Select an image by any photographer of your choice and take a photograph in response to it. You can respond in any way you like to the whole image or to just a part of it, but you must make explicit in your notes what it is that you’re responding to. Is it a stylistic device such as John Davies’ high viewpoint, or Chris Steele Perkins’ juxtapositions? Is it the location, or the subject? Is it an idea, such as the decisive moment?
Add the original photograph together with your response to your learning log. Which of the three types of information discussed by Barrett provides the context in this case? Take your time over writing your response because you’ll submit the relevant part of your learning log as part of Assignment Five.
Following is my response to a photo by John Davies from his series Fuji City.
In my photo I am responding to Davies’s stylistic approach of putting a dramatic mountain in an incidental position in the frame. In the area in which I live, Mont Blanc is an important visitor. I say “visitor” because frequently it is obscured by clouds and there aren’t that many times of the year when it is clearly visible. Normally, I’m thinking about getting up high and keeping the foreground to a minimum, or at least making it attractive (the lake, forest etc.). In this case, I had to turn my thinking around completely to mimic the Davies style. I had to think about including railway lines, industrial buildings – in short, something banal – in order to change the context.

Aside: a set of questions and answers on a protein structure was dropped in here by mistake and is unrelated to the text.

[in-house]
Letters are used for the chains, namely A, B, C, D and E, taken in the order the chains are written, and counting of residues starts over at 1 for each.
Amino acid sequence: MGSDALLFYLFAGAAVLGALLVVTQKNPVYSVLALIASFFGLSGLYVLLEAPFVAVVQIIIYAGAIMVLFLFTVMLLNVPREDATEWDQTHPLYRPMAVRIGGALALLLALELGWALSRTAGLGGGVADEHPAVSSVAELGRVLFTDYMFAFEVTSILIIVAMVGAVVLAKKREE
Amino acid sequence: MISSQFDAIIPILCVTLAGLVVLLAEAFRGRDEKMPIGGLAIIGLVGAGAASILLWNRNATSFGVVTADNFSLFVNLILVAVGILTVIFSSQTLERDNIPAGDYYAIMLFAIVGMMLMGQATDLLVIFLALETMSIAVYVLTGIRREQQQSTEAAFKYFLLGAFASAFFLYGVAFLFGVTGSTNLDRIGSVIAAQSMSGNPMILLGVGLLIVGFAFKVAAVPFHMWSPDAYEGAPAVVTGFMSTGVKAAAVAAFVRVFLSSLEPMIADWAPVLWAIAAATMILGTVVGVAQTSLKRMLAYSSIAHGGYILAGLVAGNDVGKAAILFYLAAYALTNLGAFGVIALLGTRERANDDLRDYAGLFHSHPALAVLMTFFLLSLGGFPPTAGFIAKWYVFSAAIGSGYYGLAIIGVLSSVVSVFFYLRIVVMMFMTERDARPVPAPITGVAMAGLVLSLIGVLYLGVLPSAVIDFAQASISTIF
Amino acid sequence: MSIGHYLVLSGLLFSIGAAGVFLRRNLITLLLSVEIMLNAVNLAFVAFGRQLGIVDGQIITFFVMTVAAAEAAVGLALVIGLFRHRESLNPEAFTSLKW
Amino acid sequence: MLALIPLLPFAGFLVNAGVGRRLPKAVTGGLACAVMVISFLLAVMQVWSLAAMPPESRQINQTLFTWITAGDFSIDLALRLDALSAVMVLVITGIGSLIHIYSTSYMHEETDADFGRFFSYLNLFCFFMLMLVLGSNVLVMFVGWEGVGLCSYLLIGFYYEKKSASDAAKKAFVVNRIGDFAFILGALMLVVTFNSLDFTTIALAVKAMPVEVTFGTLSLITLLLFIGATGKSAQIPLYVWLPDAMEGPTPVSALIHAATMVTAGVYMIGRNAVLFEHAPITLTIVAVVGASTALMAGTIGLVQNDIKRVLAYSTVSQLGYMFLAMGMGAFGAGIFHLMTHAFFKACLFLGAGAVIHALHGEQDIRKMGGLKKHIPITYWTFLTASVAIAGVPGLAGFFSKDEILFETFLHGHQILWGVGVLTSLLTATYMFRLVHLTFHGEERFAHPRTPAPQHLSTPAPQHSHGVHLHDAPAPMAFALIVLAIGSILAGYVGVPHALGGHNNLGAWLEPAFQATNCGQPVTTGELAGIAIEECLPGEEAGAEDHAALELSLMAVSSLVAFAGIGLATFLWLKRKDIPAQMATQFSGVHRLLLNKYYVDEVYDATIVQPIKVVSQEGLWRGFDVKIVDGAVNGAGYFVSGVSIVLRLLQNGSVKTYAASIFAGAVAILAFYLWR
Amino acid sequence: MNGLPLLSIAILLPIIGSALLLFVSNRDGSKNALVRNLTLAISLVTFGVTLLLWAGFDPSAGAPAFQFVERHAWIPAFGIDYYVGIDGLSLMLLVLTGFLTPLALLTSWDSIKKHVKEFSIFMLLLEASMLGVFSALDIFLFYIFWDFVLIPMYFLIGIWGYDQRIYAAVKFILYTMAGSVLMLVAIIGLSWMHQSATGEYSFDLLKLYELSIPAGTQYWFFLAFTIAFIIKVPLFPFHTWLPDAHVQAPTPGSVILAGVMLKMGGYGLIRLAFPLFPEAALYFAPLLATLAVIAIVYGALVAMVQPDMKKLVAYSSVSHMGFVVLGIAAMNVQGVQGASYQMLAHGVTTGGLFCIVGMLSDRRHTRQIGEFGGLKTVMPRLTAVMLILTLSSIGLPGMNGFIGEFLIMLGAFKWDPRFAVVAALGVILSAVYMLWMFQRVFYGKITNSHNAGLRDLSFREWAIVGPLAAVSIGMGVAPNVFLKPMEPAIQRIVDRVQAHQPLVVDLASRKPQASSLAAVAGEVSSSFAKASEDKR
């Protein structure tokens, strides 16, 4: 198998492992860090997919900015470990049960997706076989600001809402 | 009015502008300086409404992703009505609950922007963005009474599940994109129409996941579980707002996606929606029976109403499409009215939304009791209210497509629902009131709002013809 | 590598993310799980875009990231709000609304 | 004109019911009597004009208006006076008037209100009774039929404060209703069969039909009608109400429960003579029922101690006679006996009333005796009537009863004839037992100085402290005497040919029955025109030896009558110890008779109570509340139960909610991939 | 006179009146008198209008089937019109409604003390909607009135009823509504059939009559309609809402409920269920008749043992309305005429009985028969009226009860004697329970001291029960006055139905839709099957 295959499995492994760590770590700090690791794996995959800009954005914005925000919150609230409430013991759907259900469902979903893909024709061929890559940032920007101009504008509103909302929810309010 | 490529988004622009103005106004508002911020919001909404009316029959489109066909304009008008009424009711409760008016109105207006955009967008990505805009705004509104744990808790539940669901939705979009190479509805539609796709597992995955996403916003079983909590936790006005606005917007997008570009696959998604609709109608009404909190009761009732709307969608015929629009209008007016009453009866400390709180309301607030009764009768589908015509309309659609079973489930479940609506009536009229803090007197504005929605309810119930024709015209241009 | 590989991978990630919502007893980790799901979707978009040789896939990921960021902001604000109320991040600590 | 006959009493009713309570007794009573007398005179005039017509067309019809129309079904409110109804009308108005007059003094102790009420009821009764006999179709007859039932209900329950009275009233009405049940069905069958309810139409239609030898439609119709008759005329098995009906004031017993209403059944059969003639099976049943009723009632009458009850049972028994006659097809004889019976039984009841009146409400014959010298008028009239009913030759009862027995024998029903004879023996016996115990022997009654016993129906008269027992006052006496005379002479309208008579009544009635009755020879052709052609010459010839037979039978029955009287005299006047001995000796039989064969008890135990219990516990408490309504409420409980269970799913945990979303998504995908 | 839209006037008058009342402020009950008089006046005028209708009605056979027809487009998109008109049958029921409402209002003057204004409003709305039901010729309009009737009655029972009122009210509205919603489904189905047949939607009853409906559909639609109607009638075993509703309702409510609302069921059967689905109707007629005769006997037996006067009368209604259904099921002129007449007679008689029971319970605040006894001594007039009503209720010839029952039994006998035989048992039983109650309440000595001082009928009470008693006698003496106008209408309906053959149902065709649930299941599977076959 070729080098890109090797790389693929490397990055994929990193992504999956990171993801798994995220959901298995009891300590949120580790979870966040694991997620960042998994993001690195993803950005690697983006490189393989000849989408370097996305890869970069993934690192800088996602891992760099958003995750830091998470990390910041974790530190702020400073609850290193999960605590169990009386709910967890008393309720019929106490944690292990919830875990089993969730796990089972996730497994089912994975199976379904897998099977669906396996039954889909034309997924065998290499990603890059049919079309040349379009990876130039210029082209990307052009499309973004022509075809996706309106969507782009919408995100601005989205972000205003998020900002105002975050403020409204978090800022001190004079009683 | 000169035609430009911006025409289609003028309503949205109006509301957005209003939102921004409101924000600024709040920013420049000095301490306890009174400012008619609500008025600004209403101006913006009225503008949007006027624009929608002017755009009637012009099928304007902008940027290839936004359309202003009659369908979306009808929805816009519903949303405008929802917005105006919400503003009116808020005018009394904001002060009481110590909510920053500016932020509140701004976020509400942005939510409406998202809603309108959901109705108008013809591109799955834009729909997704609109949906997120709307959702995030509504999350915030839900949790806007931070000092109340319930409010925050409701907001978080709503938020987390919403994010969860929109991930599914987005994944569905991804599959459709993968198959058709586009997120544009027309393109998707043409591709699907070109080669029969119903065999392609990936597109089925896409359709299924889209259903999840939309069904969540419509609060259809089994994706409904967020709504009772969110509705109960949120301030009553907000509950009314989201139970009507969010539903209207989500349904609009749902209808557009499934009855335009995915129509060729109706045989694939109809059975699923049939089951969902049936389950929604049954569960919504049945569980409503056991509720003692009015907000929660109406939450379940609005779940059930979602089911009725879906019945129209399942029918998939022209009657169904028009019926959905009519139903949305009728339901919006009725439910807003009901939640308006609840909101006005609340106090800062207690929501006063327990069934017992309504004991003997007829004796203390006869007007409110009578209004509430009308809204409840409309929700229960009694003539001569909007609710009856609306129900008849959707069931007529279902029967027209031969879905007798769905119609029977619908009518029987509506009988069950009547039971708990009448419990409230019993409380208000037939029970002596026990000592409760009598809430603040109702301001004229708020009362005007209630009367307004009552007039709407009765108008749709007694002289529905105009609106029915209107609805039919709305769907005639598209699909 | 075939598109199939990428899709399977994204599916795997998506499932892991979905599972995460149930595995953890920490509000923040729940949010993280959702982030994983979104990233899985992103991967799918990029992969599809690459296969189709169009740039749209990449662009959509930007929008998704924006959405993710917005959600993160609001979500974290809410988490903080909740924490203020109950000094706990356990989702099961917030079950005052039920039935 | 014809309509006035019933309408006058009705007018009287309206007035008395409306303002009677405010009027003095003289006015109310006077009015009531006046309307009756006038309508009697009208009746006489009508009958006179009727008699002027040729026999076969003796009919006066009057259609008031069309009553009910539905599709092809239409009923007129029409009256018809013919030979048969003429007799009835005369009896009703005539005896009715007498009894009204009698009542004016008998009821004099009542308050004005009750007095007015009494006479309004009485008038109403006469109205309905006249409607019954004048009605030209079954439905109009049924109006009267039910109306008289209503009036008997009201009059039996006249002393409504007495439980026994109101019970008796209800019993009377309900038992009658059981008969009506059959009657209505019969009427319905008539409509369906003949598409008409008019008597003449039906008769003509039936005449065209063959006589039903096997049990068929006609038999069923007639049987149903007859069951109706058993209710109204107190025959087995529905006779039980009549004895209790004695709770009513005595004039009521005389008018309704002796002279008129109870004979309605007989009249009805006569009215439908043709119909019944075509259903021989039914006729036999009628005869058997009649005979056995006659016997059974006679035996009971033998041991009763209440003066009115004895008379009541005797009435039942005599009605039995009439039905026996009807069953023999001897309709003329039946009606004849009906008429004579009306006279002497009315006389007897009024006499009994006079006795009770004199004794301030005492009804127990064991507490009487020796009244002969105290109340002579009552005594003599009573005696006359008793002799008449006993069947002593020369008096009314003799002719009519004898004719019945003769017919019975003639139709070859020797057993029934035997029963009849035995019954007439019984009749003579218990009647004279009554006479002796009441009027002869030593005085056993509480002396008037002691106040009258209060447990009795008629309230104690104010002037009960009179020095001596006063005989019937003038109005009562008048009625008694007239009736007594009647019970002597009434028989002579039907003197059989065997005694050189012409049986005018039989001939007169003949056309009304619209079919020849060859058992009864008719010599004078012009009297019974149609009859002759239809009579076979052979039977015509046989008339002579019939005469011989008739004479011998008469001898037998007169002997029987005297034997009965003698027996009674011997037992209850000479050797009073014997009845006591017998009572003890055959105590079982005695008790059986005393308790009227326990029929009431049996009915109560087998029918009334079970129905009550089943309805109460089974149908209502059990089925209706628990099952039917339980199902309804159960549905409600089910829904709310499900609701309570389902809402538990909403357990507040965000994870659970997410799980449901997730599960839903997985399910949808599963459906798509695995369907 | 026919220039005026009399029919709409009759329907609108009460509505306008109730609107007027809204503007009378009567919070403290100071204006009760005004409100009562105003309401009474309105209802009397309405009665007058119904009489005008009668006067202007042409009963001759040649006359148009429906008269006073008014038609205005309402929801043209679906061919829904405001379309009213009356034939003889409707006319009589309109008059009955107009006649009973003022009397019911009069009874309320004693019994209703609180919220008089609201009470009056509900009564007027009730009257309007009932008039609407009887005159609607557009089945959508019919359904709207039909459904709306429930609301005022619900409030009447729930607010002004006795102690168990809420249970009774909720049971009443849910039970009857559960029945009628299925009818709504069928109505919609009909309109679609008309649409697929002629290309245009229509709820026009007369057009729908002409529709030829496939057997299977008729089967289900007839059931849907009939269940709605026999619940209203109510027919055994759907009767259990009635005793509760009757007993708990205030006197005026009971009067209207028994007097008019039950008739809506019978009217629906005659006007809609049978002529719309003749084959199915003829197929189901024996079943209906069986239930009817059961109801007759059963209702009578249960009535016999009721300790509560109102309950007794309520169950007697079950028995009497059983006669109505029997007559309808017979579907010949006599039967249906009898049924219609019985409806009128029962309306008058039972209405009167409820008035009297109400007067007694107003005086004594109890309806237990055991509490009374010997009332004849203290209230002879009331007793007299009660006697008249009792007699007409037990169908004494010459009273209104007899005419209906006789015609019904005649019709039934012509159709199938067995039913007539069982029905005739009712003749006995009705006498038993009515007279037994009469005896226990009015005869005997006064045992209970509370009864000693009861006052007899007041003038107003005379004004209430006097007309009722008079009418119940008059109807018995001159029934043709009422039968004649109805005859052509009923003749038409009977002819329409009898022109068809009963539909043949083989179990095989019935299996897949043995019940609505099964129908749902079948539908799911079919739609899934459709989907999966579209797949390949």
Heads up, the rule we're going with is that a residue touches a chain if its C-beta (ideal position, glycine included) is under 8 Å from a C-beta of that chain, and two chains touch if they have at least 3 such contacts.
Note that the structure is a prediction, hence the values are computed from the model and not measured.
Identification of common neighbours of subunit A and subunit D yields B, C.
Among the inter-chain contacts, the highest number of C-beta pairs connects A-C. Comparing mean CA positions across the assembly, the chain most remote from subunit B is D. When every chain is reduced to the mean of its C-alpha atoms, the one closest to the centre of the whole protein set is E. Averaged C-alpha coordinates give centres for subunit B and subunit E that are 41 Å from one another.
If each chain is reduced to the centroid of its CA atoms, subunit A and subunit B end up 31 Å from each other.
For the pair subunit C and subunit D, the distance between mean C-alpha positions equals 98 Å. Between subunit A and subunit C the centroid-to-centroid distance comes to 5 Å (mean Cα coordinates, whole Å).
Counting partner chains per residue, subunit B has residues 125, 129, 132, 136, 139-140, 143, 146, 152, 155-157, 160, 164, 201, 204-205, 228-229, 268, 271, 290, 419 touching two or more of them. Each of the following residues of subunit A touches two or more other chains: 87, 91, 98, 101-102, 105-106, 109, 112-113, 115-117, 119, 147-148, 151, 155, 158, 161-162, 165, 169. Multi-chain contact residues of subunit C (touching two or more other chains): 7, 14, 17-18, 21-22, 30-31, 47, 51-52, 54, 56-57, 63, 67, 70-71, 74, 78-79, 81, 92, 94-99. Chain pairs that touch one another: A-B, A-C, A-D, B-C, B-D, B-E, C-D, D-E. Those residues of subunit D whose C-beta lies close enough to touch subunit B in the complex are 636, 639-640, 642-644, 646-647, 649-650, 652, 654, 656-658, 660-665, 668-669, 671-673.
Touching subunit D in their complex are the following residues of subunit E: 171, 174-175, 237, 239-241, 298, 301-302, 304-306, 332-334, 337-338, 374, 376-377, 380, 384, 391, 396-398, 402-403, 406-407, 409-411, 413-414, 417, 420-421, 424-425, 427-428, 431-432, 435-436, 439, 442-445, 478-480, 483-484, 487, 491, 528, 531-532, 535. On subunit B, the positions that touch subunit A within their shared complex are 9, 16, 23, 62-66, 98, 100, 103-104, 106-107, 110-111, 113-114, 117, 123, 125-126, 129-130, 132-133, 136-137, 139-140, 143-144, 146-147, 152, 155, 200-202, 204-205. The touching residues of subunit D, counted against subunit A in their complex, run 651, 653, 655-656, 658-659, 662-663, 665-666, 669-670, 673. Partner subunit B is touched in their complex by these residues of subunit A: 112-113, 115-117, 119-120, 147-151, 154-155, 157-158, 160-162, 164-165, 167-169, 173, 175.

Using the Barret (1997) classification:
Internal context: obviously this is a mixture of the mountain and the foreground elements. The mountain is in the background, and is small compared with the foreground – it has a secondary role.
External context: the presentational environment either in the original setting or in this blog is more-or-less the same. The photos are presented simply with only minimal caption information, as might appear in a gallery.
Original context: the causal environment is probably the key context here because of the deliberate choice to make something secondary which most people would see as primary. By choice of camera angle and use of a wide angle lens, the physical environment has been distorted in a way to focus our attention on the foreground. In effect, the context has been manipulated to show that Mt Fuji/Mont Blanc is part of the environment, but it’s no big deal – it’s just there.
Figure 1. Davies, John. Fuji 515, Shizuoka Prefecture, Japan, March 2008 [Photograph] At: http://www.johndavies.uk.com/fuji%20text.htm (Accessed on 9 August 2016)